This fresh-faced cadet was only one of twelve women IN TOTAL to be assigned as patrol officers with the Dallas Police Department in 1974.
A thirty plus-year veteran, Detective Hay saw just about everything there was to see working in a field dominated by Alpha males, including harassment, bullying, and intimidation. She’d had a sergeant order another rookie to put her in a choke hold during defense training because he’d been instructed to “get rid of her”; another sergeant told her outright that she should be home, barefoot and pregnant, and not taking up the positions meant for men; fellow officers once taunted a mean drunk while she was arresting him so they could watch the resulting punch-up with a female cop. She managed to overpower the man, dragging him into a holding cell. Her nickname became Viking because of her strength and height.
It was argued at the time, and still is in many professions, that there was nothing done to her that hadn’t been done to “the guys.” The ribbing, the kidding, the name-calling, which is a part of every frat house and boys club in America. But the prevailing darker truth was that the sexual harassment and blackmail, which was a constant threat to job security, was held over the female officers’ heads. On her first week of duty during roll call an officer asked, loudly, if she was a virgin. She quipped that he’d never find out, but she said it was a rude awakening, and set the overall tone for her early career.
There other practical difficulties: hair had to be as short as the men’s, uniforms and vests cut and designed for a man’s body (try going to the bathroom quickly when you have to take off your underbelt, your “sam brown”, holding your gun holster, ammo pouches, and handcuff case, etc., 4 belt keepers that held the two belts together, undo a side zipper, and pull the entire trousers down around your ankles).
There were some humorous occasions. Once, when she had volunteered to sit as an honor guard in a funeral home for a deceased officer, a fellow cop brought her something to eat, telling her where she could go in the building to get a soda. Then he left. When Officer Hay followed his instructions to where she’d been told the soda machine was, she found herself in the embalming room, with a lot of other bodies. A few minutes later, she heard what sounded like organ music coming from another room. As far as she knew, she was the only one left (alive) at the funeral home. Her nerves on fire, she went searching for the source of the eerie sounds, only to find the officer she’d thought had left gleefully playing organ music pre-recorded for funerals.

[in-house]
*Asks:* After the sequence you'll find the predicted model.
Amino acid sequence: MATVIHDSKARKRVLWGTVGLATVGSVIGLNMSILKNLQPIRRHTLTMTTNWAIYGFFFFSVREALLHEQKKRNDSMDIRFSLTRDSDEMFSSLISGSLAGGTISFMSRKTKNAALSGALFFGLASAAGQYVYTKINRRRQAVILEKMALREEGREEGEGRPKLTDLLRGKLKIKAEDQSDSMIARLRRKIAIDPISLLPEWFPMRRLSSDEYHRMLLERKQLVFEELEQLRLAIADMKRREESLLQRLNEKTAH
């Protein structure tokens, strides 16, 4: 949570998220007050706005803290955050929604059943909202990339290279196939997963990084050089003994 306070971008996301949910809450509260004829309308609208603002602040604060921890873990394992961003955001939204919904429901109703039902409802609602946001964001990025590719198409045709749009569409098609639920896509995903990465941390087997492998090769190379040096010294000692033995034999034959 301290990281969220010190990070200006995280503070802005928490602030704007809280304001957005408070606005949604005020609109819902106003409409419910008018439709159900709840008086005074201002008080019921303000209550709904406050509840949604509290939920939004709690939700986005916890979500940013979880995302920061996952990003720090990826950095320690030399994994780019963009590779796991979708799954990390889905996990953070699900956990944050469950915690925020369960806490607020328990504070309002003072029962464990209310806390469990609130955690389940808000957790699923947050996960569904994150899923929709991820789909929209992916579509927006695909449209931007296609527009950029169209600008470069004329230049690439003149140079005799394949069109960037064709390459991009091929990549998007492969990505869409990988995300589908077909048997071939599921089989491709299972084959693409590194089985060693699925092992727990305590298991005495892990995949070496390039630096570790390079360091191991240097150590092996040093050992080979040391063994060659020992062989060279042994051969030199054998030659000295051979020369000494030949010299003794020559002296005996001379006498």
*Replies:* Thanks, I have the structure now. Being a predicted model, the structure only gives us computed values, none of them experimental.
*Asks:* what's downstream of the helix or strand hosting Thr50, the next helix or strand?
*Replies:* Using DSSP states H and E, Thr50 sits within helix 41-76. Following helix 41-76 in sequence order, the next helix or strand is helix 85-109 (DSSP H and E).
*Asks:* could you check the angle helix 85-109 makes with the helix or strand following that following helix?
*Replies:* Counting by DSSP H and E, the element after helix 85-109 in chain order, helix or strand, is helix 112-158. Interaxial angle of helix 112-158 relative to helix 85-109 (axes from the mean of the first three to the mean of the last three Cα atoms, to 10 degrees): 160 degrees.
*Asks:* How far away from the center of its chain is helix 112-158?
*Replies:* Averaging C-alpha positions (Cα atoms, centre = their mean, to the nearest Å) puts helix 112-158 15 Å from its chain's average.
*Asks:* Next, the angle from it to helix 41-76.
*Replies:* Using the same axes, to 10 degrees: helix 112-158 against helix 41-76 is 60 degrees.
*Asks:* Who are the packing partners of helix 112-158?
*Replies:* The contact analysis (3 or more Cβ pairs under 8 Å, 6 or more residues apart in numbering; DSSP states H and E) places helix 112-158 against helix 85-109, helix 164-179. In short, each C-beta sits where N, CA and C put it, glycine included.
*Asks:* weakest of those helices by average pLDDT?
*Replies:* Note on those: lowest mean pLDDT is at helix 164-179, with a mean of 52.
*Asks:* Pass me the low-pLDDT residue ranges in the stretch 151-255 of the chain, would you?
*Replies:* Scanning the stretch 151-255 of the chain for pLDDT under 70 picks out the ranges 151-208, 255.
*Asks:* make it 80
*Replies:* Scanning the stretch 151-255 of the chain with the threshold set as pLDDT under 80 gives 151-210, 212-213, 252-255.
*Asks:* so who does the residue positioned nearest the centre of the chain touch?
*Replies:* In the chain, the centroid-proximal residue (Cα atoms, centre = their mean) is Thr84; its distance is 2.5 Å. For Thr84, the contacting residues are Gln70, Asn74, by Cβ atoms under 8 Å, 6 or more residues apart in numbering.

For over a decade she worked as a trainer for other officers and in the traffic division as an accident investigator for all the major and fatality accidents for the entire city. She came to be well-regarded by the officers “on the scene”, but resented by the other A&I officers for her attention to detail in her reports.
In 1990, Officer Hay became Detective Hay, assigned to her home station of Northwest Division. She counted herself fortunate to be trained by a female detective who was supportive, having coming up the ranks facing many of the same difficulties. The most difficult part of her job, however, proved to be balancing her detective work with raising her son as a single mom. She was criticized by her male officers for taking any time off for doctor’s visits or school related events, until she pointed out to them that they had stay-at-home wives taking care of their own kids.
When I asked Detective Hay what her motto might have been for her career, she responded, “I have always worked with the attitude that I had to do the job twice as good as the men to be thought of as half as good.”
Many women know exactly how she feels.